The maximum rate of carboxylation (Vcmax) ranged from 23.90 µmol m–2 s–1 to 47.11 µmol m–2 s–1, and the light-saturated rate of electron transport (Jmax) ranged from 64.2 µmol m–2 s–1 to 131 µmol m–2 s–1. The average value of Vcmax and Jmax was 37.22±1.47 µmol m–2 s–1 and 103.74±4.24 µmol m–2 s–1, respectively. This is lower than the average values reported by Wullschleger (1993) for sclerophyllous shrubs (53±15 µmol m–2 s–1 and 122±31 µmol m–2 s–1 for Vcmax and Jmax, respectively), but is similar to the values for temperate forest hardwoods (47±33 µmol m–2 s–1 and 104±67 µmol m–2 s–1 for Vcmax and Jmax, respectively). Across individual plants A(op) (defined here as the maximum operating CO2 assimilation rate under standard conditions, as distinct from the maximum ribulose bisphosphate regeneration-limited rate induced under elevated CO2 concentration) was positively correlated with Vcmax (Fig. 7A) and Jmax (Fig. 7B) [y=0.47x–1.39, r2=0.81, P < 0.001 for Aop(max) versus Vcmax, and y=0.14x+1.14, r2=0.64 P < 0.001 for A(op)max versus Jmax]. There was no apparent species grouping within either correlation.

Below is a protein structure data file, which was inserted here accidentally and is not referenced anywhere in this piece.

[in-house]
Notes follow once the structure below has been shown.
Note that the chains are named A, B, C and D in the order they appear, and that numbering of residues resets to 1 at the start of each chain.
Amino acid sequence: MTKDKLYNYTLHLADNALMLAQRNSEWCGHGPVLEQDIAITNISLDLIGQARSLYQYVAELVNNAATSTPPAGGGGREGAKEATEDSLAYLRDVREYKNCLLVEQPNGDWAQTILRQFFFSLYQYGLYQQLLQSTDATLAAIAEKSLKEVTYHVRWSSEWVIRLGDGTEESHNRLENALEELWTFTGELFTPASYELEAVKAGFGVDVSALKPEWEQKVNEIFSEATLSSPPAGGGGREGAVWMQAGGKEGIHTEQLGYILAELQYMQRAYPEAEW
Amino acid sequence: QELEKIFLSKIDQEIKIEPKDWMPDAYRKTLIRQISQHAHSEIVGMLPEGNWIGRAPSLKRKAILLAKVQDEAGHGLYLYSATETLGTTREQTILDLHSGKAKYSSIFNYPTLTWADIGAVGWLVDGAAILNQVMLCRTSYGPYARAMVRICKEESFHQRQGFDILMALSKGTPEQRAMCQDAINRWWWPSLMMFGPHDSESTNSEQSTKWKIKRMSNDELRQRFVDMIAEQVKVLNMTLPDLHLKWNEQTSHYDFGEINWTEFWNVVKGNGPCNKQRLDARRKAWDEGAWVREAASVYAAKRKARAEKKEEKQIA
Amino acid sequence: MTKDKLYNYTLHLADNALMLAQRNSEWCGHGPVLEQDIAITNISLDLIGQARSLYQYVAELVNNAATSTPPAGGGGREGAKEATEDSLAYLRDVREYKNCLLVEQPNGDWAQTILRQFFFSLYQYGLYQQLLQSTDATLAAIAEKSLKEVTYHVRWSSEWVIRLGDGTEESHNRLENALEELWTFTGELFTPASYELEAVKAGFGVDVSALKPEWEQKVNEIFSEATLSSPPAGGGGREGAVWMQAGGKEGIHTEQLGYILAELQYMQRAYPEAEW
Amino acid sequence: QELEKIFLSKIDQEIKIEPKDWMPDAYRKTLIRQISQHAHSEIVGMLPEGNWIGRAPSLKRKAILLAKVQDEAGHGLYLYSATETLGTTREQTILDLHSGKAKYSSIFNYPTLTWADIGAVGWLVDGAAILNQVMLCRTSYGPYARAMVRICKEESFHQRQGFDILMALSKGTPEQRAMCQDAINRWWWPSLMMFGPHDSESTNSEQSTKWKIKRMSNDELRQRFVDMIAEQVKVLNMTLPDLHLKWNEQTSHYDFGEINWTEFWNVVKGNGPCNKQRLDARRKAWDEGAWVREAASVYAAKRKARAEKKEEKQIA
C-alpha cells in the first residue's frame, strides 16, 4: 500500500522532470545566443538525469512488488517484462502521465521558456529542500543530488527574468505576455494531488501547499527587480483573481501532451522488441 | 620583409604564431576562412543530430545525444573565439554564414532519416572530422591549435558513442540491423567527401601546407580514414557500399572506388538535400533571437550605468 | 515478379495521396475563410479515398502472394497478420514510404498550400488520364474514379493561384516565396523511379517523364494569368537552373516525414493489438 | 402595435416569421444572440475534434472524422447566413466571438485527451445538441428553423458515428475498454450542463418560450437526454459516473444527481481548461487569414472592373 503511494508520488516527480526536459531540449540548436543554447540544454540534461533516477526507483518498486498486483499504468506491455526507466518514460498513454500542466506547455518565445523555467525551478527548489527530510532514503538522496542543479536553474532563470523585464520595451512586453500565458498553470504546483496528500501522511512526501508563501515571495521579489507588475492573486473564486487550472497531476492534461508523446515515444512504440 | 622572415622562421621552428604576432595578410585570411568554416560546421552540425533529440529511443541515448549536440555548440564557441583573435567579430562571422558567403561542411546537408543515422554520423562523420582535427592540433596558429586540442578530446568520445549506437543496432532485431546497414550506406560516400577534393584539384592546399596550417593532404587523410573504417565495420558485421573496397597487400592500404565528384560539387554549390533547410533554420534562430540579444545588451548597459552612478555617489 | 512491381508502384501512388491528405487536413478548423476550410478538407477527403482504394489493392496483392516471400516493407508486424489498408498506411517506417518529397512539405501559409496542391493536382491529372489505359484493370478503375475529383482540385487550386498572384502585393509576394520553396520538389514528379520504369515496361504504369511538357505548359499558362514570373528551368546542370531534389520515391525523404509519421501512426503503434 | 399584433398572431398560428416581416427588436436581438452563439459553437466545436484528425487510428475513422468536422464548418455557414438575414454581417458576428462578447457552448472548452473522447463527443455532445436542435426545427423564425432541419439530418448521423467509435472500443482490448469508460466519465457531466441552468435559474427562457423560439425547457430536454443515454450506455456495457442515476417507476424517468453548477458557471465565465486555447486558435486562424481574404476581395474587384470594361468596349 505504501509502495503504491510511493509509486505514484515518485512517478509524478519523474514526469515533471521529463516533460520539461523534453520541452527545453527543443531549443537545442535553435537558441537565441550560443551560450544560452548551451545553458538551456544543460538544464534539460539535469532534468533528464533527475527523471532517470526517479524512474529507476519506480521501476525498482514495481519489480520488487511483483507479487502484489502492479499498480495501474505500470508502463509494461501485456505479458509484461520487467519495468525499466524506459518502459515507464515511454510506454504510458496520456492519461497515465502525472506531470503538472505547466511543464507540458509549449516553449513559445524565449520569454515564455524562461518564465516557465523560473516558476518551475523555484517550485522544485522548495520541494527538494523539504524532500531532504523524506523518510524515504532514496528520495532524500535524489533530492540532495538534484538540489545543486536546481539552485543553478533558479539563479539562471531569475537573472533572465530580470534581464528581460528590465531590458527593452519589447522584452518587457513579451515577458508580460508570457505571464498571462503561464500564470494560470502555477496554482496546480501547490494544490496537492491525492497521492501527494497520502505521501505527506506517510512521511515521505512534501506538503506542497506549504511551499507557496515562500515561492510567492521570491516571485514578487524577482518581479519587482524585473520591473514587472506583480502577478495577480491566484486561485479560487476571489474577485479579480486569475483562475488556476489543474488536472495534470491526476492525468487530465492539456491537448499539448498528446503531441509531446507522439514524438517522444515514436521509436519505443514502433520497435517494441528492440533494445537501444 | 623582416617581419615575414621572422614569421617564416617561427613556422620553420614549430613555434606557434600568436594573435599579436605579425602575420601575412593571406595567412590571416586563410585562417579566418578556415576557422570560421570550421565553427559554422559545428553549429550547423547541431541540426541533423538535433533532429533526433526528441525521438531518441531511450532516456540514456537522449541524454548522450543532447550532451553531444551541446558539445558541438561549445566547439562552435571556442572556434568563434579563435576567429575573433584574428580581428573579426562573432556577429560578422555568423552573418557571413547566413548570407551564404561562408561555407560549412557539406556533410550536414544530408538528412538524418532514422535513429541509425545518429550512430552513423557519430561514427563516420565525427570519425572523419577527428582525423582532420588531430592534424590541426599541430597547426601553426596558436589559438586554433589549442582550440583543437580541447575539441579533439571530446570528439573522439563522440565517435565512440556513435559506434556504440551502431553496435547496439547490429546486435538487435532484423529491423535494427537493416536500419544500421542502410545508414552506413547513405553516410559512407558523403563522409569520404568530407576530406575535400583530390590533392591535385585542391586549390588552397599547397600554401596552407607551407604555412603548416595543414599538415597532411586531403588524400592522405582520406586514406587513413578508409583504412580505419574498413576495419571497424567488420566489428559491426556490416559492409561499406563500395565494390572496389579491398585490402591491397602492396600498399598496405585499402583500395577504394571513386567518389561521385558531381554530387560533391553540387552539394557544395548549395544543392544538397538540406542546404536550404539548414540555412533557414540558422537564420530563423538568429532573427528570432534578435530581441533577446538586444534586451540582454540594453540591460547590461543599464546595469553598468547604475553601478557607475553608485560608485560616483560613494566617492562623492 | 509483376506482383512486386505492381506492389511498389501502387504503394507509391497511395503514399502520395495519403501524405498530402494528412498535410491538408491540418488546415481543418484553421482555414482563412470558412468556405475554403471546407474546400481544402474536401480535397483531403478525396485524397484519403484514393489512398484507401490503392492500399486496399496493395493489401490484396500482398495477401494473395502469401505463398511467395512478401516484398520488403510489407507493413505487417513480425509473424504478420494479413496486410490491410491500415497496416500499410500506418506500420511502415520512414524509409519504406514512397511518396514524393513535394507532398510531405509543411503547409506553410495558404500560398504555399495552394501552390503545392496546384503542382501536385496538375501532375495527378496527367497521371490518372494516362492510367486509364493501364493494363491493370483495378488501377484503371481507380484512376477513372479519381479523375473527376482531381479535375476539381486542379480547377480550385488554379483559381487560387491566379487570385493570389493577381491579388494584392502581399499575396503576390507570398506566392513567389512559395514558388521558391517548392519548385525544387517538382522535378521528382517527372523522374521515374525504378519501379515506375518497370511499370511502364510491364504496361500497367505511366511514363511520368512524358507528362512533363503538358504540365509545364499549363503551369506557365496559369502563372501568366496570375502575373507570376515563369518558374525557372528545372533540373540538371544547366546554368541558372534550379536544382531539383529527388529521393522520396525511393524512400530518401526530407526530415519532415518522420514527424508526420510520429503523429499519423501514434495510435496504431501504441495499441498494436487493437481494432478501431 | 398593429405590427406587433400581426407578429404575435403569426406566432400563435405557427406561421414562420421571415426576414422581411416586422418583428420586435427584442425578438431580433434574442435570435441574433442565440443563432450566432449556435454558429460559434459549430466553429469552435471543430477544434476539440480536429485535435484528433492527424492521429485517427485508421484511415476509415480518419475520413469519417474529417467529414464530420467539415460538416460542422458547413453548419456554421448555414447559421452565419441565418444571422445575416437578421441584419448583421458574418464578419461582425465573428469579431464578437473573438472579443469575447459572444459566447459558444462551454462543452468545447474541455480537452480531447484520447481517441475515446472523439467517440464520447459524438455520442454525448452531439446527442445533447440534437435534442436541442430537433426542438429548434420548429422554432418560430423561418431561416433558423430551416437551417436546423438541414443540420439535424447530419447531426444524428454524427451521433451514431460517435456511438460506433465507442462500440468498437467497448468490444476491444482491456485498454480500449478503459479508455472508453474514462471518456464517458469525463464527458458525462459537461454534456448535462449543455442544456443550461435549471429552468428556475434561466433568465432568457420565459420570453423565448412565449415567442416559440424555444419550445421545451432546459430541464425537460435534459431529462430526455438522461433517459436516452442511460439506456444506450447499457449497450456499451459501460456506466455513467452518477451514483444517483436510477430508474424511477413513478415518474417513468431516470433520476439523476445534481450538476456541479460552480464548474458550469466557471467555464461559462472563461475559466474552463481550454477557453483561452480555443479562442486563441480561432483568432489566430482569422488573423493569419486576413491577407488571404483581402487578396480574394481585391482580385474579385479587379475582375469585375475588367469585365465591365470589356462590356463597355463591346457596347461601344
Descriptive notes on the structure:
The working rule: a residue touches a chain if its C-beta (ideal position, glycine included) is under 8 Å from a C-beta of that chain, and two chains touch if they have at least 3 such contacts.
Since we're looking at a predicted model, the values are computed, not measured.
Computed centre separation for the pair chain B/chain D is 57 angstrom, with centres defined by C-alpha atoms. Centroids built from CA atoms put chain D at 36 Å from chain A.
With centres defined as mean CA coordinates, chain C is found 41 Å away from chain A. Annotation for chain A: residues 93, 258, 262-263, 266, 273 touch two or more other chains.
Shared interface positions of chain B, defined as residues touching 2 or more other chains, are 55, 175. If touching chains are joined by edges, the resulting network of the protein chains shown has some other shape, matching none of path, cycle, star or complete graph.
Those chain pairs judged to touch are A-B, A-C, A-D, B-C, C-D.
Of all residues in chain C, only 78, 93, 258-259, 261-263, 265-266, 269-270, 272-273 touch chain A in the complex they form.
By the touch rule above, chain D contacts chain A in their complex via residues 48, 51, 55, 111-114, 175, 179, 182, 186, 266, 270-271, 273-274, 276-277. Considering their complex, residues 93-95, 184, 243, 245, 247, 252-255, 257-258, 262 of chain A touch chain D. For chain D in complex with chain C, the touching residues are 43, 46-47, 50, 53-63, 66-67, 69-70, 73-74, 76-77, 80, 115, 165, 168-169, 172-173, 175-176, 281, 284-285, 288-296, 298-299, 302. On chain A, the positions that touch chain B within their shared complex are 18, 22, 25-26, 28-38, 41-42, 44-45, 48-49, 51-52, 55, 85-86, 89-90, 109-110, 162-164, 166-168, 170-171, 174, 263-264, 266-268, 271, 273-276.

Stomatal closure in response to darkening of leaves followed a similar pattern across species, but the minimum steady conductance during this mid-day darkening of leaves, gmin(day), was considerably higher than gmin(dawn) (Fig. 8). The average percentage decline in g after mid-day darkening, with respect to the illuminated steady-state conductance (gop), was 59.23, 61.80, 64.36, 65.57, and 86.08 % for B. menziesii, B. prionotes, B. ilicifolia, B. attenuata, and B. littoralis, respectively. After excising leaves, a further decline in g was noted. The average percentage decline in g with leaf excision, relative to gmin(day), was 95.00, 93.28, 95.20, 94.87, and 79.93 for B. attenuata, B. menziesii, B. ilicifolia, B. prionotes, and B. littoralis, respectively. On this occasion B. littoralis, the species restricted to sites with high soil moisture, showed the least relative decline in g.